Cathy Garcia-Molina’s Hello, Love, Goodbye, like most other romances churned out by Star Cinema, opens with a voiceover.
Joy (Kathryn Bernardo) is standing in the middle of the airport, gazing at the board showing flight statuses, waiting as it finally shows that the flight going to Manila is cancelled. Her voiceover talks of transience and how Hong Kong, the city where she works, is a place that is not meant for long-term dedication as it is just a stop-over.
What happens after is more fascinating.
In what could be the film’s first bid to imbibe not just its setting’s vibe but also its main character’s sentiments, Garcia-Molina orchestrates a robustly edited montage of Joy’s life in Hong Kong over her narration of all her frustrations. The collection of images of Joy’s routine over a frazzled chase through the metropolis’ dingy alleyways is capped by a moment where she meets Ethan (Alden Richards).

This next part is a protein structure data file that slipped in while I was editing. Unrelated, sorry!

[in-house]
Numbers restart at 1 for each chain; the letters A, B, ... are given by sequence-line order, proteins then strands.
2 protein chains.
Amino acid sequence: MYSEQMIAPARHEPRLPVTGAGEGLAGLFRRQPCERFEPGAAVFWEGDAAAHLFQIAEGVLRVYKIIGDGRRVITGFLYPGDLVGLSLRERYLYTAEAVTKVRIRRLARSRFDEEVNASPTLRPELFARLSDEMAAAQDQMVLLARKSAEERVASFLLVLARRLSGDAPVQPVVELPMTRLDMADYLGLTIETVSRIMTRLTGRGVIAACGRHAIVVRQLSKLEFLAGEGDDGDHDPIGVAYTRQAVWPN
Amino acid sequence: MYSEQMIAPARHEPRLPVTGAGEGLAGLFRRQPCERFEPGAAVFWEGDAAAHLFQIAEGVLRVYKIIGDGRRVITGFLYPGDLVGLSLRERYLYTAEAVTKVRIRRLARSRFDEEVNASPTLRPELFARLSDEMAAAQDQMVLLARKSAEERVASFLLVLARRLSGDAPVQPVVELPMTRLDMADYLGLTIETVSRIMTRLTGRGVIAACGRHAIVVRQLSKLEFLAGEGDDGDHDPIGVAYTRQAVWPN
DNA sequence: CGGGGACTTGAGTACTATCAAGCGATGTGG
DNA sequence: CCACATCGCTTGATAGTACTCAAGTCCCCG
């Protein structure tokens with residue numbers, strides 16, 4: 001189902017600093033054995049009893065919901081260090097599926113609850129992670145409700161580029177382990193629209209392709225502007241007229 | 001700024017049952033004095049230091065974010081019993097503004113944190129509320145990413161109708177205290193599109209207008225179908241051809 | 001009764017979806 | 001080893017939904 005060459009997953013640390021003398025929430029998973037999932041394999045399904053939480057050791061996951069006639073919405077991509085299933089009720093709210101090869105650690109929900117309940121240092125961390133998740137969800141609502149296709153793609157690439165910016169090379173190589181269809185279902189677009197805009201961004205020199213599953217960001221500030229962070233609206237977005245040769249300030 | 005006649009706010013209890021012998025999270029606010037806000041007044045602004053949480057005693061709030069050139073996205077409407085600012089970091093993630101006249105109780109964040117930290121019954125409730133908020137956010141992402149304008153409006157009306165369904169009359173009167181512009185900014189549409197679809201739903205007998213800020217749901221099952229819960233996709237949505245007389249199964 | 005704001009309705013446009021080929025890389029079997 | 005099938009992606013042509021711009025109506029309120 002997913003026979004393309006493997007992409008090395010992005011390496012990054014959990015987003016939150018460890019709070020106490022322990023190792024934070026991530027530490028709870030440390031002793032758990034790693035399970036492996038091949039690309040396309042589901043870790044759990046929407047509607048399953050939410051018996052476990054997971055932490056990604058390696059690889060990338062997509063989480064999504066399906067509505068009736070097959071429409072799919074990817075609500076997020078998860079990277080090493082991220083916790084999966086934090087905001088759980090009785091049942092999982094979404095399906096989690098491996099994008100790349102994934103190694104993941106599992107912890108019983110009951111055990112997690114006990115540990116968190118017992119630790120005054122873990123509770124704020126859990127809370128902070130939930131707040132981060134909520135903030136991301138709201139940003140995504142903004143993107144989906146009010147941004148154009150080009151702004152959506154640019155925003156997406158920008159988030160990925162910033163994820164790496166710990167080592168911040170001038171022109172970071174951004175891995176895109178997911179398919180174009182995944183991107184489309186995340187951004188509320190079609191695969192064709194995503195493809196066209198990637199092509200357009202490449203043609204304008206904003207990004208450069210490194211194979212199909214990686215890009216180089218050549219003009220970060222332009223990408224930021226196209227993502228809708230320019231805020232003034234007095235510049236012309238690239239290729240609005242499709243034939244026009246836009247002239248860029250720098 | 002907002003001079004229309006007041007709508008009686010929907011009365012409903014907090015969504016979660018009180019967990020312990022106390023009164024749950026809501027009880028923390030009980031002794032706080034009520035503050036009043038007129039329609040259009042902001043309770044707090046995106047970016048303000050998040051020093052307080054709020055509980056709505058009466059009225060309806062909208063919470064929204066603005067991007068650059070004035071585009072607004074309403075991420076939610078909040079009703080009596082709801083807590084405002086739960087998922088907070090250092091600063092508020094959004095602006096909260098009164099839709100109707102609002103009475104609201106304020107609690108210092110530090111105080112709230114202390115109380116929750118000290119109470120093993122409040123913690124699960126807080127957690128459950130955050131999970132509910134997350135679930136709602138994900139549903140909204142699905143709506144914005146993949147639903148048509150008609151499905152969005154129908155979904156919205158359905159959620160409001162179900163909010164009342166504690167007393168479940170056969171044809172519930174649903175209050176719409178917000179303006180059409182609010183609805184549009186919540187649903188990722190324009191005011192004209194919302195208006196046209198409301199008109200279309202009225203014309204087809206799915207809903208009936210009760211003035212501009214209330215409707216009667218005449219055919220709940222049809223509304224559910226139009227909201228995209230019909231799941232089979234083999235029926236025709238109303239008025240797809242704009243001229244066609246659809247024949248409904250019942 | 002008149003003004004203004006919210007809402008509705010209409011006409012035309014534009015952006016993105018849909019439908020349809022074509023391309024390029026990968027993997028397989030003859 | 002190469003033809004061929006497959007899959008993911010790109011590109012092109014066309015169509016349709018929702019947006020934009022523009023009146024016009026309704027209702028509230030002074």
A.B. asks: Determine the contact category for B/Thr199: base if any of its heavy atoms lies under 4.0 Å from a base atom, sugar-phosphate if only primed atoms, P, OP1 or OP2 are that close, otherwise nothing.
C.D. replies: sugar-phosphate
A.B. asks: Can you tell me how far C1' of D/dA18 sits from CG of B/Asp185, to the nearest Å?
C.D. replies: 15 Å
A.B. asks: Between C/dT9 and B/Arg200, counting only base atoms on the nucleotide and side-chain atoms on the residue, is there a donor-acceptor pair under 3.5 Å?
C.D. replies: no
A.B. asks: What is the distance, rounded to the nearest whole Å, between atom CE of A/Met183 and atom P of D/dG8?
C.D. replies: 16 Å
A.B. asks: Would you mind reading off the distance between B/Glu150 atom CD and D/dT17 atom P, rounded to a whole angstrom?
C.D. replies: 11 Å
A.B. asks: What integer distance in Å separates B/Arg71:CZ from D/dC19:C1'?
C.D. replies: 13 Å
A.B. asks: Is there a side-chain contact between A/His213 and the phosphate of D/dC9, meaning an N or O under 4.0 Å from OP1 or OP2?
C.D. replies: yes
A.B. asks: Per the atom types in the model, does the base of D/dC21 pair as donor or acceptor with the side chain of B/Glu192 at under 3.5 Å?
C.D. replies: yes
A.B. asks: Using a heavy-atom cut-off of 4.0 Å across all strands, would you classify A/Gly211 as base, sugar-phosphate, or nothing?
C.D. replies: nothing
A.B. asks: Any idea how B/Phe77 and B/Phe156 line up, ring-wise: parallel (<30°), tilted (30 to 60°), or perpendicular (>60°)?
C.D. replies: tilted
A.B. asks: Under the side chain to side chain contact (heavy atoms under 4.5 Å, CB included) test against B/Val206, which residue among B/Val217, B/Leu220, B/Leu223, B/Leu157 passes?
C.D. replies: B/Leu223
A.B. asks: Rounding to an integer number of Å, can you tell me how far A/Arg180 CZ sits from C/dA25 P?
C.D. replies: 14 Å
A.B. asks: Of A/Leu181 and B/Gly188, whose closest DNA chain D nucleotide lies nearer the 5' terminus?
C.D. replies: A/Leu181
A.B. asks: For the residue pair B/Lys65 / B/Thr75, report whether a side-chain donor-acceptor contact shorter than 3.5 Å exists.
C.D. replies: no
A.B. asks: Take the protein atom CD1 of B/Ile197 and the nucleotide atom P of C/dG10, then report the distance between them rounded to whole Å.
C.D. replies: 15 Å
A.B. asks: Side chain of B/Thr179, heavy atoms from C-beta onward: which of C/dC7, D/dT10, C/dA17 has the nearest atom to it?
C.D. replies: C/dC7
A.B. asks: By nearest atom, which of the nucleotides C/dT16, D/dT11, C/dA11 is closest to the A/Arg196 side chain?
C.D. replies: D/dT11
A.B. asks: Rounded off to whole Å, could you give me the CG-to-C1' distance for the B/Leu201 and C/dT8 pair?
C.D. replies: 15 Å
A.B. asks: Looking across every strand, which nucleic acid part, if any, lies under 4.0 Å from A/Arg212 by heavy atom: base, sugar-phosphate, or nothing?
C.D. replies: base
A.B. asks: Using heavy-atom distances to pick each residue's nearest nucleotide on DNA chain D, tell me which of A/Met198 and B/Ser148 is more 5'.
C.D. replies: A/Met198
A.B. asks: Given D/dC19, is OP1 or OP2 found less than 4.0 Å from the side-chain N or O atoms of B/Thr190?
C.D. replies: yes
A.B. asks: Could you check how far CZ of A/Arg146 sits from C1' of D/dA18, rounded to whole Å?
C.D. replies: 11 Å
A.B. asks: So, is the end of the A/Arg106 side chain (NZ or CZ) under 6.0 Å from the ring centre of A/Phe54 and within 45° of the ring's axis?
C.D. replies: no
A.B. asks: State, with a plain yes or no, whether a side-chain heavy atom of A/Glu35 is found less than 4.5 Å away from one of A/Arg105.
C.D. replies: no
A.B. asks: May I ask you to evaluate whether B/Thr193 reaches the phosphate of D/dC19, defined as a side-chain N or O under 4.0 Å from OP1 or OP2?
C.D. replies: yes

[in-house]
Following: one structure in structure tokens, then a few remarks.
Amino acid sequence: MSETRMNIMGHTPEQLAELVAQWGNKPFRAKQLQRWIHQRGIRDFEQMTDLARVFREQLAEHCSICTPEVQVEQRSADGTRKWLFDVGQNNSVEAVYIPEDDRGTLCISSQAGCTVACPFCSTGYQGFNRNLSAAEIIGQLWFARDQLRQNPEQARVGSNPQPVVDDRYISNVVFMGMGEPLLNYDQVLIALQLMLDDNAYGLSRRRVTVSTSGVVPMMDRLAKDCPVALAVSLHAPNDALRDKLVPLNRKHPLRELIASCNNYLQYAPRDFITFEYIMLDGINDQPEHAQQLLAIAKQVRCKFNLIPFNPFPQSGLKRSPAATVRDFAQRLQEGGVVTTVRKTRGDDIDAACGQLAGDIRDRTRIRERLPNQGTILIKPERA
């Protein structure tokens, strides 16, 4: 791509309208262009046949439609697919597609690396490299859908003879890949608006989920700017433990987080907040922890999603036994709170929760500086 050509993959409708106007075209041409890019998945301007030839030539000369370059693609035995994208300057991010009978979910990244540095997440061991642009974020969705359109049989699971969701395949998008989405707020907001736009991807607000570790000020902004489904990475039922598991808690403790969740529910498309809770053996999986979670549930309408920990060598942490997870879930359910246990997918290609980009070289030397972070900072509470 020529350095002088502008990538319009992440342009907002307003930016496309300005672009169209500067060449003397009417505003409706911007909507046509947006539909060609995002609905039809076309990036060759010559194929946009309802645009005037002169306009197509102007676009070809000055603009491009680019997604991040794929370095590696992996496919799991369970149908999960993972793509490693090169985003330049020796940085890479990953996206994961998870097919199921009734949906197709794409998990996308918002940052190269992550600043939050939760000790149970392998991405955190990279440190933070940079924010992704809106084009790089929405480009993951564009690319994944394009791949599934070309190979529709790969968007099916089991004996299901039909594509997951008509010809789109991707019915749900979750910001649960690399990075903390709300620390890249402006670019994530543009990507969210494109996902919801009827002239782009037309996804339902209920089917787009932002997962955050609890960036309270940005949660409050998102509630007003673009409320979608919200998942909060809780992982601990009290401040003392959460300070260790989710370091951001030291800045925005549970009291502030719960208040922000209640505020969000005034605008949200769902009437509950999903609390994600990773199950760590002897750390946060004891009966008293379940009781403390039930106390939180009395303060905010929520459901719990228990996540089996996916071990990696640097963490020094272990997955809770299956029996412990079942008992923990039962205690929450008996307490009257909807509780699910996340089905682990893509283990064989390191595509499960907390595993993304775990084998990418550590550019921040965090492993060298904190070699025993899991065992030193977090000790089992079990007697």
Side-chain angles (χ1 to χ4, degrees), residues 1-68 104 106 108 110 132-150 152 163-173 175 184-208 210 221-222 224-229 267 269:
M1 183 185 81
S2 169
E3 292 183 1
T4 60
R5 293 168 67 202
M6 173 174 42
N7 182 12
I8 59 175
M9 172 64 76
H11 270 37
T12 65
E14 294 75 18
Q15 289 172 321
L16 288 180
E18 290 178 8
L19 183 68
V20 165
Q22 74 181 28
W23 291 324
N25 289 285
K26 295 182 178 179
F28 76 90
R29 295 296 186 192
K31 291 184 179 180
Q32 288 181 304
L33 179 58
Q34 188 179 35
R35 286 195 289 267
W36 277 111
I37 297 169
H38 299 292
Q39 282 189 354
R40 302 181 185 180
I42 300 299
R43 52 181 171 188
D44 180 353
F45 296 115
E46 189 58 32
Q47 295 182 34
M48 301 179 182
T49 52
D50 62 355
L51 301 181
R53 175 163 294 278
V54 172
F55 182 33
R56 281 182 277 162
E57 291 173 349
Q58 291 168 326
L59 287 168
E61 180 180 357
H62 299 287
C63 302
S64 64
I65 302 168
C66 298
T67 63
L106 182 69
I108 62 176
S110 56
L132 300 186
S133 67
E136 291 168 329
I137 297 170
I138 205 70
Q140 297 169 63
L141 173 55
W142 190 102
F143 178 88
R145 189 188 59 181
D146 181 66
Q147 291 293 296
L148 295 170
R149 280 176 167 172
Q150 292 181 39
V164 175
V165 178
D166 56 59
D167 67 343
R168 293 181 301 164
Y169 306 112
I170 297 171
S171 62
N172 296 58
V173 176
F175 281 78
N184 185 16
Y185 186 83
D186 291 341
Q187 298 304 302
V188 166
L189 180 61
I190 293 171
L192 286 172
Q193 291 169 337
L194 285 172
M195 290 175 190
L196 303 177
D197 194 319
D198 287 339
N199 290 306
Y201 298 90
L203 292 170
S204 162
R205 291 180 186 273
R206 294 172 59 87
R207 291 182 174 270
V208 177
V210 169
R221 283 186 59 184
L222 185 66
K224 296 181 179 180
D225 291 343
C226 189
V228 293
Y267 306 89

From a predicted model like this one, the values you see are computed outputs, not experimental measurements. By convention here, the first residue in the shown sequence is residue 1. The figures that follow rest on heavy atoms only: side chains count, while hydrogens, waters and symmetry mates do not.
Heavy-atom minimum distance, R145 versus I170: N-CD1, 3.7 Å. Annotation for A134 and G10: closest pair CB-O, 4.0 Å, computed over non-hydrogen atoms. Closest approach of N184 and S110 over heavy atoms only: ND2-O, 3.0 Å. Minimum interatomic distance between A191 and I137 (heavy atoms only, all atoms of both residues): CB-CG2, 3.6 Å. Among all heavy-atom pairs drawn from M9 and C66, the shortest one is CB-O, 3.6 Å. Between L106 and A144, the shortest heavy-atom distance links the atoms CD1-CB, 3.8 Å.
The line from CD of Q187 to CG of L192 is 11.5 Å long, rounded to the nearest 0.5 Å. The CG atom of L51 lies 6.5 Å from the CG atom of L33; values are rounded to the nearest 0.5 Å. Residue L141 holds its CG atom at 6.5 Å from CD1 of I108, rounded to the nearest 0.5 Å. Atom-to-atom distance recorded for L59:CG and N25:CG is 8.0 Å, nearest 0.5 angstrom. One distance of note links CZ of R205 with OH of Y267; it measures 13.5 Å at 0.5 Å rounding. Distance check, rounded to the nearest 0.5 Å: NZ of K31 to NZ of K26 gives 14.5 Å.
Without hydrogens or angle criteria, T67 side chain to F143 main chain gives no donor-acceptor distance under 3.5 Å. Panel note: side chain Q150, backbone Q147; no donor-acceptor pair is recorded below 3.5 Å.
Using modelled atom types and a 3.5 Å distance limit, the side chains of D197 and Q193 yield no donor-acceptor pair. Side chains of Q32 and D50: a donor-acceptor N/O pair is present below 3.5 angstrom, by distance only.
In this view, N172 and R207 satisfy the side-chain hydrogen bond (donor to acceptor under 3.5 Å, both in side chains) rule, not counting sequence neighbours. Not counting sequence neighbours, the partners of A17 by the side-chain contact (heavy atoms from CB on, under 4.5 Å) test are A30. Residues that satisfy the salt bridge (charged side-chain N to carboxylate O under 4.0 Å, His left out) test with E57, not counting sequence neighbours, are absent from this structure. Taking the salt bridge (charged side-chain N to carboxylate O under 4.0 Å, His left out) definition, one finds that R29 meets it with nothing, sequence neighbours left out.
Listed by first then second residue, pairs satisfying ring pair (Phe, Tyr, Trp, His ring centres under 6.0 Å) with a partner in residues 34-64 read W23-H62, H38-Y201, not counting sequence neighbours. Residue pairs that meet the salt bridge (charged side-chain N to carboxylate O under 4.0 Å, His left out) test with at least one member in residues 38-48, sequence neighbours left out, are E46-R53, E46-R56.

There are two ways to view Hello, Love, Goodbye.One is as a fictionalized depiction of the lives of a Hong Kong-domestic helper as seen through the experiences of Joy. In fact, the film takes its time to depict this world, stripping the city of its typical glamour and luxuries by exposing its streets and walkways littered with cardboard mattings populated by tired Filipinas finally living the life. There is a genuine effort by Garcia-Molina not to adorn the hardships with gloss and gratuities as she exhausts (within the constraints of the genre) all the details that mark the inequity domestic helpers experience just to earn a living. Here we find the film’s strengths and its most enduring moments. Clearly, Garcia-Molina has a heart for the plight of the domestic helpers, peppering her film with scenes and exchanges that, in true melodramatic fashion, relay the entire gamut of sacrifices that these women have to endure. Joy, after witnessing her mother (Maricel Laxa) glossing over her Chinese husband’s physical abuses, meets a former flame in a tram. He tells her he’s on vacation with his new wife and is going back to the Philippines after spending years as a nurse abroad. Joy, who is also a nurse, stomachs the embarrassment of telling him that she has ended up a domestic helper, just like her mother. In one quick moment, we see Sally (Kakai Bautista), the always jovial friend of Joy, in tears as she laments being forced to go home by her family.